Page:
Huawei founder and CEO Ren Zhengfei in Shenzhen, China, on Tuesday. PHOTO: THEODORE KAYE FOR THE WALL STREET JOURNAL
SHENZHEN, China—The founder of Huawei Technologies Co. said his company has never spied for the Chinese government—and never would, as he made a rare public appearance following the arrest of his daughter in Canada.
“No law requires any company in China to install mandatory back doors,” Ren Zhengfei said Tuesday, referring to giving officials a key to access data on devices or networks. “I personally would never harm the interest of my customers and me, and my company would not answer to such requests.”
The U.S. has raised concerns about Huawei’s ties to the Chinese state and that its telecommunications equipment could be used by Beijing to spy—an allegation the company has repeatedly denied.
Mr. Ren, who is also Huawei’s chief executive, didn’t say what specifically he would do to resist requests from the Chinese government.
All companies doing business in China are required by law to hand over customer data to the government in cases that touch on national security. In China, national-security threats are broadly defined and can include speech critical of the Communist Party.
Speaking in Chinese through an interpreter, Mr. Ren said he missed his daughter, Huawei finance chief Meng Wanzhou, but was optimistic justice would prevail. Ms. Meng was arrested Dec. 1 in Vancouver at the request of U.S. authorities, who accuse her of lying about the company’s business with Iran. She denies the charges.
Huawei’s reclusive 74-year-old founder, a former army engineer, also praised President Trump as a “great president,” citing the administration’s tax cuts to boost businesses.
Poland is urging its NATO allies to coordinate their response to cybersecurity challenges raised by the Chinese company. WSJ’s Dan Strumpf explains why this jeopardizes a key market for Huawei. Photo: Reuters
Huawei has found itself in the middle of a deepening trade spat between the U.S. and China that has sharpened Washington’s focus on China’s technological rise. The U.S. has imposed tariffs on swaths of Chinese imports as it seeks to rein in China’s trade practices and reduce the U.S. trade deficit. Beijing has retaliated with tariffs of its own.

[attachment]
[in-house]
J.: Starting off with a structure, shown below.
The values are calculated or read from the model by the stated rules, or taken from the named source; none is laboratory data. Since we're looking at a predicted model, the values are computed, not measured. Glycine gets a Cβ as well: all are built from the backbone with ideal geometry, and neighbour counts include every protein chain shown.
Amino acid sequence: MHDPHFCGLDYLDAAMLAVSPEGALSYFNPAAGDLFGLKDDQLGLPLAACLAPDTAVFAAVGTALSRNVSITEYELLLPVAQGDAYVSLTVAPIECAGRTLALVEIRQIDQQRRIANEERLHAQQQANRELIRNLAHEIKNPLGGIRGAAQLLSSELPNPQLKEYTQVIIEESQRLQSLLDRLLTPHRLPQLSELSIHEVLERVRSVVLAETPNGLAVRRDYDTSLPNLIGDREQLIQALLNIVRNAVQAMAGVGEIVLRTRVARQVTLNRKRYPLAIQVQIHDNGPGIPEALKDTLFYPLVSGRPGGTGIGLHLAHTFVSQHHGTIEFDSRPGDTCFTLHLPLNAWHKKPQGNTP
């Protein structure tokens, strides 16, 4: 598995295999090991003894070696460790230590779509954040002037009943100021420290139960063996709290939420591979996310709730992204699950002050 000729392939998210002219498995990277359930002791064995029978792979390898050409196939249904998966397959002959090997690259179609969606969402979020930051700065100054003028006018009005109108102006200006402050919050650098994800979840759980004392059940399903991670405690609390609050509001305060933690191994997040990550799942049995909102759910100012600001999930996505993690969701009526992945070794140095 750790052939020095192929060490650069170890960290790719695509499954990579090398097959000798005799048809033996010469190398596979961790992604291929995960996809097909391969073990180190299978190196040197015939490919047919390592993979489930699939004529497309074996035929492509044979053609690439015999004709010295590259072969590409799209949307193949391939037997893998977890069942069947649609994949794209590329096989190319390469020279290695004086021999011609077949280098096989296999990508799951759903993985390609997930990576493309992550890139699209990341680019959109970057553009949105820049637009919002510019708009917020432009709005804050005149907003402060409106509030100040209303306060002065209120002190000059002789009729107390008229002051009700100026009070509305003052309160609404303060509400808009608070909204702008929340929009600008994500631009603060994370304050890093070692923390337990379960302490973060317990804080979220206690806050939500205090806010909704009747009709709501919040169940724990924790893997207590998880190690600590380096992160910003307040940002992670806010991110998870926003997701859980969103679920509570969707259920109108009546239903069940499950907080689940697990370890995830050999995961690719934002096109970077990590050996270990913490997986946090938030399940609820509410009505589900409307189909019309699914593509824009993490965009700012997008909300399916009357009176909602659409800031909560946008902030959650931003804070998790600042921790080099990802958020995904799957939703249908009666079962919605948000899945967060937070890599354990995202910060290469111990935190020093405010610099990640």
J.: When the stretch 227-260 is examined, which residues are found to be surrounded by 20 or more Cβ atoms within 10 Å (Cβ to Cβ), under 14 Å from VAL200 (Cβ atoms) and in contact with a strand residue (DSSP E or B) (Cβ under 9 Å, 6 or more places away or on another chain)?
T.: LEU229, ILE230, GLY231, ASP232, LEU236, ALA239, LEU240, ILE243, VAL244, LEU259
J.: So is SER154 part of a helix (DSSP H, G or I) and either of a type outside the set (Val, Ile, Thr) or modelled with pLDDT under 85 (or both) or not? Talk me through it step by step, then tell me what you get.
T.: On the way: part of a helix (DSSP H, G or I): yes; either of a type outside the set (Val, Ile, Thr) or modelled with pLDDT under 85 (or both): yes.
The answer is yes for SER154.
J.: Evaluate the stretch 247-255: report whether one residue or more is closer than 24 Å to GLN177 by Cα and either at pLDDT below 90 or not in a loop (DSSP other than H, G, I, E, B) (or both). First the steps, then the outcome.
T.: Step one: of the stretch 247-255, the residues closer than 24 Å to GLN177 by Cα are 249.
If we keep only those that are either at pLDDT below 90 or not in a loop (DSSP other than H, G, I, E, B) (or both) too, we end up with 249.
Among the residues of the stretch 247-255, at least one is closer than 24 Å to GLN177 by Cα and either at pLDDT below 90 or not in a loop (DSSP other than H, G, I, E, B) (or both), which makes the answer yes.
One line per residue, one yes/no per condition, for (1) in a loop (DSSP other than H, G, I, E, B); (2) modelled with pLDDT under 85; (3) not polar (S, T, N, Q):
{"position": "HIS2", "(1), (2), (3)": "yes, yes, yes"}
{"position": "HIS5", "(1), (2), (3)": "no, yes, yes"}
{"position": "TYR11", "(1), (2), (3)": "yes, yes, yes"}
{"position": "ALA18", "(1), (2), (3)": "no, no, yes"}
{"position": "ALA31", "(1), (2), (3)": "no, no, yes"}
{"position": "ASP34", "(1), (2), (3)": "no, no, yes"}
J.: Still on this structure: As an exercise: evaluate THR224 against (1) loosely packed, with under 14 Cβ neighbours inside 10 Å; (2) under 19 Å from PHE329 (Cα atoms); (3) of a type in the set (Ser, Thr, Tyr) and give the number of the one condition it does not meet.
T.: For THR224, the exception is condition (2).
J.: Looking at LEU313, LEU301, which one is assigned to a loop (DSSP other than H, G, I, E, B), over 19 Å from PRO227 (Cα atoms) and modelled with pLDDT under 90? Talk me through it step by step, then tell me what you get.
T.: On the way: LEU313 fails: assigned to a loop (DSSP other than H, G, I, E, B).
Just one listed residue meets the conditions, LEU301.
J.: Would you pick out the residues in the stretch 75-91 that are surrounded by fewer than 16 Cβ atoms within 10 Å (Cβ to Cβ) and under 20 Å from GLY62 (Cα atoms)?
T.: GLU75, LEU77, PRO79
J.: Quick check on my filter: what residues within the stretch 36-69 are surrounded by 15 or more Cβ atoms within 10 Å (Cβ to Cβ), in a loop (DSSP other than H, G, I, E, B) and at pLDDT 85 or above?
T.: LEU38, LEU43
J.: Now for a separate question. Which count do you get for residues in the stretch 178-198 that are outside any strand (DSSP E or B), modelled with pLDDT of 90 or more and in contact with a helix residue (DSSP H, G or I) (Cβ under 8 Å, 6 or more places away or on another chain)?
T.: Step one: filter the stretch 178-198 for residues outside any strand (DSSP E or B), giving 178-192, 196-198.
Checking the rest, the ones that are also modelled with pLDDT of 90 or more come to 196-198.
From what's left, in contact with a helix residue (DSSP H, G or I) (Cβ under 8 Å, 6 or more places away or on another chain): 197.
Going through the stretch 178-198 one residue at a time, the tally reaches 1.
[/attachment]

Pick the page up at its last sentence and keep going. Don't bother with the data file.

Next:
Mr. Trump has been open to using various bargaining chips in the broader trade dispute. Last year, Mr. Trump asked the Commerce Department to reverse a damaging ban on American exports to Huawei’s chief Chinese rival, ZTE Corp. , amid trade discussions, saying the action was hurting the Chinese economy. Mr. Trump also told Reuters he would consider intervening in Ms. Meng’s case if it meant securing a stronger trade deal, though aides warned him his options are limited, according to people familiar with the matter.
A trade war between the U.S. and China would harm the world, Mr. Ren said. “In the information society, interdependence between one another is very significant,” he said. “That interdependence is what’s driving human progress forward more rapidly.”
Mr. Ren’s public appearance comes just days after the arrest in Poland of a Huawei employee who was charged with spying on the state on behalf of China. Huawei has fired the employee, Wang Weijing, and said his alleged actions have nothing to do with the company.
The events have rocked China, set back efforts toward a Beijing-Washington trade detente and dealt a direct blow to one of the country’s most successful global corporations. They have also hurt China-Canada relations, with Beijing taking umbrage at the detention of Ms. Meng. On Monday, a Chinese court ordered the death penalty for a Canadian national convicted of drug smuggling, an action likely to further strain the relationship,